Aida64 Write Tests

In this graph we are looking at the Aida64 Disk Benchmark Linear Write testing.  For this no volume or partition is created.   The performance of the TeamGroup T-Force Vulcan SSD is very good and maxes out very near the SAMSUNG 860 EVO maximum.  It hits 454 MB/s maximum write speed here, while the SAMSUNG 860 EVO hits 463 MB/s maximum.  The average is 432 MB/s and the minimum is 417 MB/s, so it stays above 400 MB/s at all times.  This is way better than the Mushkin Reactor SSD which drops to 221 MB/s over time.  The average is also higher than the Mushkin Reactor. 

In the screenshot above you can see the TeamGroup SSD is not too wild, and remains consistent over the capacity of the drive on linear write.  This consistency is very important.

In the above graph, we are now looking at random write performance across the entire drive.  The SAMSUNG 860 EVO is ultimately faster, at 391 MB/s maximum random write, but the TeamGroup T-Force Vulcan is not far behind at 375 MB/s.  What is far behind is the Mushkin Reactor at 343 MB/s.  The TeamGroup SSD beats that.

What’s even worse on the Mushkin Reactor is the minimum performance, it drops as low as 53 MB/s in random writes.  The TeamGroup T-Force Vulcan SSD does a lot better only dropping to 331 MB/s, and the SAMSUNG 860 EVO is also very close here at 338 MB/s minimum.  So, in terms of minimum performance, the SAMSUNG 860 EVO and TeamGroup T-Force Vulcan are realistically on par. 

In the screenshot, you can see that once again random write speeds on the TeamGroup T-Force Vulcan SSD are consistent.  They do not drop to widely low numbers, for being written randomly the write performance is solid and consistent across the drive. 

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Brent Justice

Brent Justice has been reviewing computer components for 20+ years, educated in the art and method of the computer hardware review he brings experience, knowledge, and hands-on testing with a gamer oriented...

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4 Comments

  1. "There is no reason to have a mechanical drive anymore with prices like this. 500GB is plenty for a boot drive, or as your only drive."

    Uhh, not with 50+GB game downloads it’s not. Boot drive / laptop upgrade maybe.

    I have a $100 Toshiba 5TB hdd for my game drive / steam library. I look forward to that price for a huge SSD, 5+ years from now. But by the time that happens, the $100 hdd will probably be a 10+TB one.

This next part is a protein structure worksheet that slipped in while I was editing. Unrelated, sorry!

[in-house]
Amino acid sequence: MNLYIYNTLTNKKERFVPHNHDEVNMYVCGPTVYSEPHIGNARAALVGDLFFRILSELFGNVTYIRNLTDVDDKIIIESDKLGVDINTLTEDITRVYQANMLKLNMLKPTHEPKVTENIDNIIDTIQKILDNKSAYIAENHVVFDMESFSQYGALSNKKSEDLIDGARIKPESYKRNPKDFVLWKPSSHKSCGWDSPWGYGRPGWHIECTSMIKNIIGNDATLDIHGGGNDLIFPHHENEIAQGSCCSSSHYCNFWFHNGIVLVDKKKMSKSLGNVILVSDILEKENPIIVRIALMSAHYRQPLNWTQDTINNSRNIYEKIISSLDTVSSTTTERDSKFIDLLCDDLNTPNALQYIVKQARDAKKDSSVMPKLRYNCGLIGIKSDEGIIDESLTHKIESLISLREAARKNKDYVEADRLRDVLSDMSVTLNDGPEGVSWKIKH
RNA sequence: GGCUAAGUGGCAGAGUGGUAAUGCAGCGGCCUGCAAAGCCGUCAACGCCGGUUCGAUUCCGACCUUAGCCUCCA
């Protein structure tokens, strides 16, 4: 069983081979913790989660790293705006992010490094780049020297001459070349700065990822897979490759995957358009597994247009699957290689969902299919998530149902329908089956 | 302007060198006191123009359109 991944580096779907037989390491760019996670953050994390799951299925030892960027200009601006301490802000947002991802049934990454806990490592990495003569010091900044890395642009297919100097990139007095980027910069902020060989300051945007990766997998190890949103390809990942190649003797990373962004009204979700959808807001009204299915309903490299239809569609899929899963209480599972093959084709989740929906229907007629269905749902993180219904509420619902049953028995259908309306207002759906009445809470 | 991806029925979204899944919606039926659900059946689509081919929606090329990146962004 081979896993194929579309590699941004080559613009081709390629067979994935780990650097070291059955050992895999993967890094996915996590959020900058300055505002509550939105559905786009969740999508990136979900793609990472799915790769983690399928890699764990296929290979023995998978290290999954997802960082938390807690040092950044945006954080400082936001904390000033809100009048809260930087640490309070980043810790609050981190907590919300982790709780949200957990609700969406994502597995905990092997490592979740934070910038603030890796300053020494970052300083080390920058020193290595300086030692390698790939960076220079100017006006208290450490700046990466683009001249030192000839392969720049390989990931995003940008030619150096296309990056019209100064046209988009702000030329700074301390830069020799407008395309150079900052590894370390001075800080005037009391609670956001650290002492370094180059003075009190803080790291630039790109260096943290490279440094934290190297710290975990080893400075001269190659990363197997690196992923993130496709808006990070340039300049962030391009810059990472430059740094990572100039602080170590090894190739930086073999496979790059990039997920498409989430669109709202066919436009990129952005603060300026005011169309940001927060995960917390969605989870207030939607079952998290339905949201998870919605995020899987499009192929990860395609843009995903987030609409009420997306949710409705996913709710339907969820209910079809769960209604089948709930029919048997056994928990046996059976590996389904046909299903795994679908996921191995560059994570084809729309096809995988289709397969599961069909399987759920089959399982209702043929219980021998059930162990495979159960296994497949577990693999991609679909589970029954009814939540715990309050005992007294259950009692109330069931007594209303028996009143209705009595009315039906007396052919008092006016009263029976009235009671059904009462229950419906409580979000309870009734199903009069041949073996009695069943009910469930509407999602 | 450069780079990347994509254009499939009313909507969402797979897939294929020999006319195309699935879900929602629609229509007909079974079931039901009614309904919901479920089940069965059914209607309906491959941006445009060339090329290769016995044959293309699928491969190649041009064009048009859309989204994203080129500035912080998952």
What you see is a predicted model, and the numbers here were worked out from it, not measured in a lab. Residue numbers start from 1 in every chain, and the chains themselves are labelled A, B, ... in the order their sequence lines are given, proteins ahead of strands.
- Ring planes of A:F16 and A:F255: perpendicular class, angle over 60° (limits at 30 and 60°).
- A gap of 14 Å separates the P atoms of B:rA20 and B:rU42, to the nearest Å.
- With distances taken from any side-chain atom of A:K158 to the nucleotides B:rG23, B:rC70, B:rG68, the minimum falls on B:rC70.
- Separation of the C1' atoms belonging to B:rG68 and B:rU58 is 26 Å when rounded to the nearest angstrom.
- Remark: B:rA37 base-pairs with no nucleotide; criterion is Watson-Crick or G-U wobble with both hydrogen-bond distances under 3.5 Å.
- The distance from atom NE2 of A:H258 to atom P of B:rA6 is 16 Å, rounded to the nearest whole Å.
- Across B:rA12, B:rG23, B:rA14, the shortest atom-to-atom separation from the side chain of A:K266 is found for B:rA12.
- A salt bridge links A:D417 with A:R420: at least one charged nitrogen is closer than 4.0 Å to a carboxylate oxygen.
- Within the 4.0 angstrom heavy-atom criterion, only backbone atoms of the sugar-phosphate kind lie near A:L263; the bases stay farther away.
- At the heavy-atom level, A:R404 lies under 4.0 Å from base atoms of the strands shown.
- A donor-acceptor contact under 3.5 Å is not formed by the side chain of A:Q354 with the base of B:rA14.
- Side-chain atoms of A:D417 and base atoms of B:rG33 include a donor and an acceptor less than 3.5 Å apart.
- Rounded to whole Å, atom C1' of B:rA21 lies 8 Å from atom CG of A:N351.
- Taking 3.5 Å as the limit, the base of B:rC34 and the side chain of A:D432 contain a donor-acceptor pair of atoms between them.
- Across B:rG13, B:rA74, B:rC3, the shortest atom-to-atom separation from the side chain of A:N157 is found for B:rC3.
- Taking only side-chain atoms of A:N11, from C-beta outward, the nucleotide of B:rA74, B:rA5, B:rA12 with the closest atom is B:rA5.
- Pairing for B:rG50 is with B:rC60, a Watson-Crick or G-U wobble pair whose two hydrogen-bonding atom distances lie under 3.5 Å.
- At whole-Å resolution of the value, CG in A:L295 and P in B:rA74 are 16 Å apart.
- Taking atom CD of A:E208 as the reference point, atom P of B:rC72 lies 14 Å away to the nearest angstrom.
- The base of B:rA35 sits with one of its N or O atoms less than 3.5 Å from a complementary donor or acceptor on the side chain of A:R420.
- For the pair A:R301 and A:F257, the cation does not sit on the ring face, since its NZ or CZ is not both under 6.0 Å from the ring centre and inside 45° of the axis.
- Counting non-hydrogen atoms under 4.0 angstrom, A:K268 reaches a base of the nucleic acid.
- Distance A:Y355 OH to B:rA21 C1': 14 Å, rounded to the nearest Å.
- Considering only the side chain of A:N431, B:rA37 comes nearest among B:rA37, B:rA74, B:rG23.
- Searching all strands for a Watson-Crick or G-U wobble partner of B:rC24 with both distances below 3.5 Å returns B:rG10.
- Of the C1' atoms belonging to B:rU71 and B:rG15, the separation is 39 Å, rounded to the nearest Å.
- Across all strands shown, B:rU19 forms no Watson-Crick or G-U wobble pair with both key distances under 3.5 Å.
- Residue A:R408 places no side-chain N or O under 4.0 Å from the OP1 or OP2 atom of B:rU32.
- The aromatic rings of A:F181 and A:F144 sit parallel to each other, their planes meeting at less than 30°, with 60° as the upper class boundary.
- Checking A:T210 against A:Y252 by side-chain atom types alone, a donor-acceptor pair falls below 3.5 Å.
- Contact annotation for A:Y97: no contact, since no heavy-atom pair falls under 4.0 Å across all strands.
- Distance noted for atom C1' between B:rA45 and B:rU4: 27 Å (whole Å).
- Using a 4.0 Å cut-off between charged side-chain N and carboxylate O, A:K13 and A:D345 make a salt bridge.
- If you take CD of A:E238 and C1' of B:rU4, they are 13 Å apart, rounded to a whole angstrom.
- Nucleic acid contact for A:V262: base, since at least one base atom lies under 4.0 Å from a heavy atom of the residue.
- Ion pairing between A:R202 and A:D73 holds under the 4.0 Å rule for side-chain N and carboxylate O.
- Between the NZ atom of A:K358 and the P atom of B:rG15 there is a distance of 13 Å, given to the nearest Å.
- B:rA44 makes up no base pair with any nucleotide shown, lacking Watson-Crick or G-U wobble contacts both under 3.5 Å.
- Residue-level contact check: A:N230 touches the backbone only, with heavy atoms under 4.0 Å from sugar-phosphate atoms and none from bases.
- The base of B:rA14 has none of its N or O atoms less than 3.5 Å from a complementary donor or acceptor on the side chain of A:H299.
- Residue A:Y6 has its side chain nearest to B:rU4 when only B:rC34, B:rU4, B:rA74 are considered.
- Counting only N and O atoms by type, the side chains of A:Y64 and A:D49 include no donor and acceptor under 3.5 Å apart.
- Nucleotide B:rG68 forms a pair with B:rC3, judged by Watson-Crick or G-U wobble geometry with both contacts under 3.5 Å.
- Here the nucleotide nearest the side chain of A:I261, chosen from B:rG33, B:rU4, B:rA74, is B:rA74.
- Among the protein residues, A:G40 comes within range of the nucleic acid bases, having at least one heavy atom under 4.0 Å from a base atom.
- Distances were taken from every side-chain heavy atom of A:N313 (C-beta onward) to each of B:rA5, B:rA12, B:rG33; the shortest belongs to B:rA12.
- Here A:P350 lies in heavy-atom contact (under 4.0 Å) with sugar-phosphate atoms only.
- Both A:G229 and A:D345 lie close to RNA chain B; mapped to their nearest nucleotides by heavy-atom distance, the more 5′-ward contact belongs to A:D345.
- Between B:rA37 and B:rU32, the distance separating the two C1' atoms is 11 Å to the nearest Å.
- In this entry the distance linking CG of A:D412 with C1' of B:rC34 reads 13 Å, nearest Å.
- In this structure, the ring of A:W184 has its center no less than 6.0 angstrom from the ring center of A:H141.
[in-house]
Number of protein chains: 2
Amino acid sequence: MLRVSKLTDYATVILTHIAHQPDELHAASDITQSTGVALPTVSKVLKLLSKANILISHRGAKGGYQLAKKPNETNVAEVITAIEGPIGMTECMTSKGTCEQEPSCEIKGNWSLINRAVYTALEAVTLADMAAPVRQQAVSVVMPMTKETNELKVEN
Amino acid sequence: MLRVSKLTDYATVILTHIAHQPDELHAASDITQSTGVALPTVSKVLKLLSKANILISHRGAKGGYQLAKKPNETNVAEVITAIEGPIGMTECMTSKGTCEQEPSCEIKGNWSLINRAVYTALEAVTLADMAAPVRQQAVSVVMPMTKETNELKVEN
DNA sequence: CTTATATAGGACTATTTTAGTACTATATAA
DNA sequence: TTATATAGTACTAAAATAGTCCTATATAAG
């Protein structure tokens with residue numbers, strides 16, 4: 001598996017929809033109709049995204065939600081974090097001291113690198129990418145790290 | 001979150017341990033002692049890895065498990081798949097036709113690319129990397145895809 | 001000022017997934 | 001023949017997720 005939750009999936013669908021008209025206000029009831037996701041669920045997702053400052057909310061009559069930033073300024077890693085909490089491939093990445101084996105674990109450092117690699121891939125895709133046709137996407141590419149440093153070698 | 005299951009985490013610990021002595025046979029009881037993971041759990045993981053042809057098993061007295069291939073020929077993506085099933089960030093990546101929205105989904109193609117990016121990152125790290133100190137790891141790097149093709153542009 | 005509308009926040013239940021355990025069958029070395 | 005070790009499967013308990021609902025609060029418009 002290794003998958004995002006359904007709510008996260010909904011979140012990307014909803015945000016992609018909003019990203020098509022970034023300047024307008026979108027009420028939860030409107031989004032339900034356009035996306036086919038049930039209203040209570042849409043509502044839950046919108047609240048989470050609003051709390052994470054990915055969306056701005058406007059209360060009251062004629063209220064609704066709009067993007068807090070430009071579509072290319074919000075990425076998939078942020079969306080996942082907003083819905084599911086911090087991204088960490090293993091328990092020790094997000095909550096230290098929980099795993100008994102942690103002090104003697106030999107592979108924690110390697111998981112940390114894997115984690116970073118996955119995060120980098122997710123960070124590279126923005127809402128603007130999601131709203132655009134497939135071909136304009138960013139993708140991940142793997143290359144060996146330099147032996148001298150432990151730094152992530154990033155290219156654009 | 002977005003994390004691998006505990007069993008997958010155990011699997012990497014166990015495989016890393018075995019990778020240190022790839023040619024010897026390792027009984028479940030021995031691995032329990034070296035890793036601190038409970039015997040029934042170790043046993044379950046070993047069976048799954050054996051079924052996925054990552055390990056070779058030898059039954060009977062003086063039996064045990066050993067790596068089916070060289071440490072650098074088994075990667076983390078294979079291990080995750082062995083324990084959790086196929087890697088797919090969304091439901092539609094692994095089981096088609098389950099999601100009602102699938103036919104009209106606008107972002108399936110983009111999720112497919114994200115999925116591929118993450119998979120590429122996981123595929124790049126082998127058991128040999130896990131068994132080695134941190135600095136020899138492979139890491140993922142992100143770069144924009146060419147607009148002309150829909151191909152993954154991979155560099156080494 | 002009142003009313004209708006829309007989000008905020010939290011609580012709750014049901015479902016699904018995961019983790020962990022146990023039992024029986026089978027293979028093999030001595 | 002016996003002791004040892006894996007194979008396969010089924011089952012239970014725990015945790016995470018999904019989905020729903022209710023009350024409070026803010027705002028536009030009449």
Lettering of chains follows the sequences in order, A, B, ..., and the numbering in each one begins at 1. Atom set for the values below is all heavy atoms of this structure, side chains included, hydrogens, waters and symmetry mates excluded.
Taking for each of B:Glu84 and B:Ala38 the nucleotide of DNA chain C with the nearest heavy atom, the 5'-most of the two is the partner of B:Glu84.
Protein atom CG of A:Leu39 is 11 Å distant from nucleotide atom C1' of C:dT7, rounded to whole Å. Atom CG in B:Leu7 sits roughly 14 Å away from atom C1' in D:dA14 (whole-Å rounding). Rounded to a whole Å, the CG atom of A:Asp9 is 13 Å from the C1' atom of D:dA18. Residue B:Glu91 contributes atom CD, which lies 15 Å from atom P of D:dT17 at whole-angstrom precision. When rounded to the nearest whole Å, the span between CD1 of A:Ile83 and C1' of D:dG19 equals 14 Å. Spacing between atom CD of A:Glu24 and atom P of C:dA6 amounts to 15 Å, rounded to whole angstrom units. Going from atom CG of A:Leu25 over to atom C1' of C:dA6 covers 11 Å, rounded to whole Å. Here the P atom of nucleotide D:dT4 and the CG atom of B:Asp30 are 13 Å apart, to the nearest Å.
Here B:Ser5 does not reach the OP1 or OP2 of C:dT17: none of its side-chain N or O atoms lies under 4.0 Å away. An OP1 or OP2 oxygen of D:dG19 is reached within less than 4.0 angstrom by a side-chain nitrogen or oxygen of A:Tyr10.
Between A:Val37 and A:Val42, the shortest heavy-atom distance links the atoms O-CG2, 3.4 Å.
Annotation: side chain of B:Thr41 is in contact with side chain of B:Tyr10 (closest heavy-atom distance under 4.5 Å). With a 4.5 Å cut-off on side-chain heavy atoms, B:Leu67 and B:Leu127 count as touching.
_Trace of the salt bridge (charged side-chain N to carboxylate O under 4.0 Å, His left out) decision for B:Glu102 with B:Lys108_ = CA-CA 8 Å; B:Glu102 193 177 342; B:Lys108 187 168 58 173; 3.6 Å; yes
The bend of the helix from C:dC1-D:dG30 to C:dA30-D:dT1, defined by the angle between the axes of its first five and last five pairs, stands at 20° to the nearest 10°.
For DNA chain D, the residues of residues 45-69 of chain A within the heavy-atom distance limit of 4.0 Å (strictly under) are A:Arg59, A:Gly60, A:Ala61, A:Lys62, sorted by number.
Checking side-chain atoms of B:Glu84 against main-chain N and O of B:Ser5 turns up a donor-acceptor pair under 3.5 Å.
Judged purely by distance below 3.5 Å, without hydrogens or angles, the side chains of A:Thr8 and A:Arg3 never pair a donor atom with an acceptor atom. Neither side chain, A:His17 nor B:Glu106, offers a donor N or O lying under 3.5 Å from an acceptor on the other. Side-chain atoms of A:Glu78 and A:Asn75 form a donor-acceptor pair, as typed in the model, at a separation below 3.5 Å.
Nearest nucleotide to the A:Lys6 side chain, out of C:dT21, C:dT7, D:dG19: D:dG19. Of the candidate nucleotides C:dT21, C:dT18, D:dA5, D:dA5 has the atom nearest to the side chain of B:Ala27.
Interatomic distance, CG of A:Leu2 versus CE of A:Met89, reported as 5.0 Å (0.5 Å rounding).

2. Nice to see a large amount of test programs used in the review. TeamGroup seems to have some of the better options for price/perf these days for sata drives. Happy so far with mine.

    I agree with Burt though, 500gb is my standard now for a boot drive and maybe 1-2 games. Everything else on dedicated ssd’s or hdd. 250GB is workable but getting too small and for quality brands it seems worth it to just jump to 500gb at $50-65 over a $30-40 250gb.

  3. Oops, missed this review. Adding some extra detail.

    Very good drive – basically a Crucial MX500 clone. The MX500 often comes with 96L flash now (which is also denser, but has twice the planes). Team’s coding here is clearly from Intel/Micron with the "01T" meaning 1Tb packages (x4 = 512GiB). This is in contrast to the similar L5 Lite 3D and drives like it – SU800, X3, S280, etc – which use inferior flash. Much like the L5 Lite 3D, it has static SLC – ~6GB at this capacity – which makes for uniform performance (can see this in HD Tune); the MX500 has a significantly larger, dynamic cache that is slower outside SLC at this capacity. Warranty is of course lackluster, but if you want a top-tier SATA drive this is among them in terms of performance.

    The firmware revision matches typical SM2258 encoding which usually refers to the type of flash it’s using. For example you common see Qx6/7xxA in the cheaper drives using second-tier Samsung TLC, Hynix’s 72L TLC (which isn’t great), inferior BiCS (SanDisk/Kioxia), older Intel/Micron 32L TLC, etc. Older revisions were for the 32L/384Gb IMFT TLC. In any case, R/S is for the newer and better flash products, e.g. B16A/B17A which is 64L Intel/Micron TLC (B17A is double the density but also double the planes, so same interleaving).

    My only advice for reviewing is that FIO is a strong option for benchmarking, whether on Linux or Windows, although ultimately you would require Linux for full utility. I’ve posted on Reddit about using FIO and also making a dedicated Linux benchmarking USB drive, I haven’t posted about getting these tools working on Windows – it is possible, I have it working in Visual Studio (direct) or Cygwin (indirect), but it’s fairly limited and a pain to work with in contrast to nvme-cli for example.

  4. I should add that I’ve seen reviews of it like TPU’s showing MLC and in fact I had someone with one show me one with MLC – 48L from Samsung, to be specific. And TPU also had 64L TLC from Samsung I believe. That type of older/inferior flash is often found in the L5 Lite 3D and other budget drives as I mentioned above – my theory is that the early Vulcans came basically as L5 Lite 3Ds. It’s my understanding that currently they do have Micron flash though. Just wanted to correct that as people don’t understand that second-tier Samsung can actually be inferior, even the MLC, although TPU’s results were still good performance-wise. (also as I mentioned, firmware revision can hint at flash – the early Samsung variants match the L5 Lite 3D’s firmware)
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